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Attacking asthma

In the future, treatments for asthma sufferers are likely to focus on targeted therapies

Asthma is a chronic inflammatory disease of the airways, which results in restricted airflow into and out of the lungs. It is characterised by wheezing, shortness of breath, excessive mucus production and coughing. It is common in people who have a familial history of allergies or eczema, although it also often occurs spontaneously.

The symptoms of asthma are usually triggered by inhaled allergens, but may also be induced by exercise, infection or drug allergies. An asthmatic episode or attack may range in severity from a mild shortness of breath to a life-threatening medical emergency during which patients suffer the complete inability to breathe. 

There are, according to the World Health Organisation, up to 180 million asthma sufferers worldwide, with mortality in 2004 exceeding 180,000 individuals. The total annual cost of asthma care exceeded $13bn in the US alone.

The majority of current drug treatments for asthma have been available for some time. However, intense focus now lies on developing new amalgamations of these therapies; combinations of existing drugs are constantly being shown to be superior to recommended monotherapies.

One major area of current interest is the reduction of corticosteroid use through adjunctive use of other drugs and drug classes with more favourable tolerability profiles. If a novel treatment regimen can display the same efficacy as its predecessors, but with a reduced toxicity profile, market demand will bring down high initial costs, and new and improved therapeutic guidelines may then be formulated.

Existing treatment for asthma falls into two main classes: preventive medicine, and rescue medicine. The estimated total sales for all asthma treatments in 2005 exceeded $35bn.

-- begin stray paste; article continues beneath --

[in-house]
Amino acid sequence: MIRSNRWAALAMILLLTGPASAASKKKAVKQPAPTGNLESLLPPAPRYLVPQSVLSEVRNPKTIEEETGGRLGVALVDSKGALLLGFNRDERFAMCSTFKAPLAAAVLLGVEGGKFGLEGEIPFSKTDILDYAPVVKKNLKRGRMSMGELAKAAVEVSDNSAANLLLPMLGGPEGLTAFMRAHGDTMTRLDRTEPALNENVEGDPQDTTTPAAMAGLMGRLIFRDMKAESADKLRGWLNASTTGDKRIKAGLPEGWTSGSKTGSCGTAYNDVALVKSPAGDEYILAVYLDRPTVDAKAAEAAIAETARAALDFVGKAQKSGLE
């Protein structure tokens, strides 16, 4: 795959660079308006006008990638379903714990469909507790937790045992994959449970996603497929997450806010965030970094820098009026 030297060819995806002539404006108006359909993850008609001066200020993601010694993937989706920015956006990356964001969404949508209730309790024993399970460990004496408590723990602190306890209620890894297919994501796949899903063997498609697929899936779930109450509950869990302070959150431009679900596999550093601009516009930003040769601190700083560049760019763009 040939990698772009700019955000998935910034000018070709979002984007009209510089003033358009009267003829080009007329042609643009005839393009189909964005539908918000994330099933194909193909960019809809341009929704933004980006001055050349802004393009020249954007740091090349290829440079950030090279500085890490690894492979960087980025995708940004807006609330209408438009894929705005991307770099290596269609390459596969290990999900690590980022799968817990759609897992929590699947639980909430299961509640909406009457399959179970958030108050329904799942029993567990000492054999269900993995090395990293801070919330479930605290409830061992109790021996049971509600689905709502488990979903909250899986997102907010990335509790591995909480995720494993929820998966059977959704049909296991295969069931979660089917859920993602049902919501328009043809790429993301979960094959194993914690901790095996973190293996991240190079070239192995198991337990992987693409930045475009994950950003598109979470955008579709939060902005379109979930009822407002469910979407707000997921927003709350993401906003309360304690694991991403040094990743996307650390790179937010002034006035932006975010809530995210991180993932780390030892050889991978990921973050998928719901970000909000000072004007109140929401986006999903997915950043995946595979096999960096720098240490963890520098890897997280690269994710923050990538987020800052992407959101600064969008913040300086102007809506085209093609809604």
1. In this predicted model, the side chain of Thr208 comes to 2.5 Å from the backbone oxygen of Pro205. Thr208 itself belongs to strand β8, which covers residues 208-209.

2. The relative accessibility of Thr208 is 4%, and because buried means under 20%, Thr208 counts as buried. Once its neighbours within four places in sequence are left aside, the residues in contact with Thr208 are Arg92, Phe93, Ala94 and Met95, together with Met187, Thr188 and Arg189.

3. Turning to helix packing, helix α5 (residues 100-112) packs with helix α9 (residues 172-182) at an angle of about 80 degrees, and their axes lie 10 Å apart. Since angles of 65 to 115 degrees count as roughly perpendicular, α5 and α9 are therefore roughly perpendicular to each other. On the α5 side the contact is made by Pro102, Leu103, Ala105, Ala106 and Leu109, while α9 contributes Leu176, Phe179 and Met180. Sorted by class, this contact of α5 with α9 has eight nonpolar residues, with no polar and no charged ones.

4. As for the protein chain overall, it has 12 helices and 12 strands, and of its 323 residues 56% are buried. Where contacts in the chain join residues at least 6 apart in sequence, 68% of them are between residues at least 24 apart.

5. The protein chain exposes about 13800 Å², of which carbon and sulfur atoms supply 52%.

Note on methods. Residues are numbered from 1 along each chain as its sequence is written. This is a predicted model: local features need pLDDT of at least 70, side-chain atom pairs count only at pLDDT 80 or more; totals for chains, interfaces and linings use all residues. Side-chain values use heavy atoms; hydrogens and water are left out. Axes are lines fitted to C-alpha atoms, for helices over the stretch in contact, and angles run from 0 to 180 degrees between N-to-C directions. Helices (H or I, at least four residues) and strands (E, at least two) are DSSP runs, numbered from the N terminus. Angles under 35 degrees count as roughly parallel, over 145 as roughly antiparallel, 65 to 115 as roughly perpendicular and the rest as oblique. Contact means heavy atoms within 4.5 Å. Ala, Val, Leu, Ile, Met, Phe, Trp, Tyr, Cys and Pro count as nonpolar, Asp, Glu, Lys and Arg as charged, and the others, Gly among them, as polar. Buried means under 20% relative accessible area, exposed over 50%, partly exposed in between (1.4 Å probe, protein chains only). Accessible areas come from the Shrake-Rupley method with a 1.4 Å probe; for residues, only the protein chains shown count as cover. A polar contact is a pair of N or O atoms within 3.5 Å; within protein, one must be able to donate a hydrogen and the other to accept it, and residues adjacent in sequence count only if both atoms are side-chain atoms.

Preventive treatment
Inhaled corticosteroids, considered to be the Gold Standard preventive treatment, act locally to decrease inflammation within the bronchial tree. Beclomethasone (Beclovent; GlaxoSmithKline), budesonide (Pulmicort; AstraZeneca) and fluticasone (Flovent; GlaxoSmithKline) are the market leaders in this area.

Oral or intravenous steroids, such as methylprednisolone (Medrol; Pfizer), may be administered if inhaled treatments fail. Due to problems associated with chronic corticosteroid administration, drugs such as leukotriene inhibitors are increasingly being added to asthma regimens with the aim of decreasing steroid dosing.

These medicines, such as montelukast (Singulair; Merck) and zafirlukast (Accolate; AstraZeneca) work on a similar principle to corticosteroids, in that they target the inflammatory processes involved in the disease. Long-acting ?-agonists, such as formoterol (Foradil; Novartis) and salmeterol (Serevent; GlaxoSmithKline) relax the smooth muscle within the bronchial wall, and can be used in addition to other preventive medications.

These drugs can be useful in the control of exercise-induced asthma.

Rescue medicine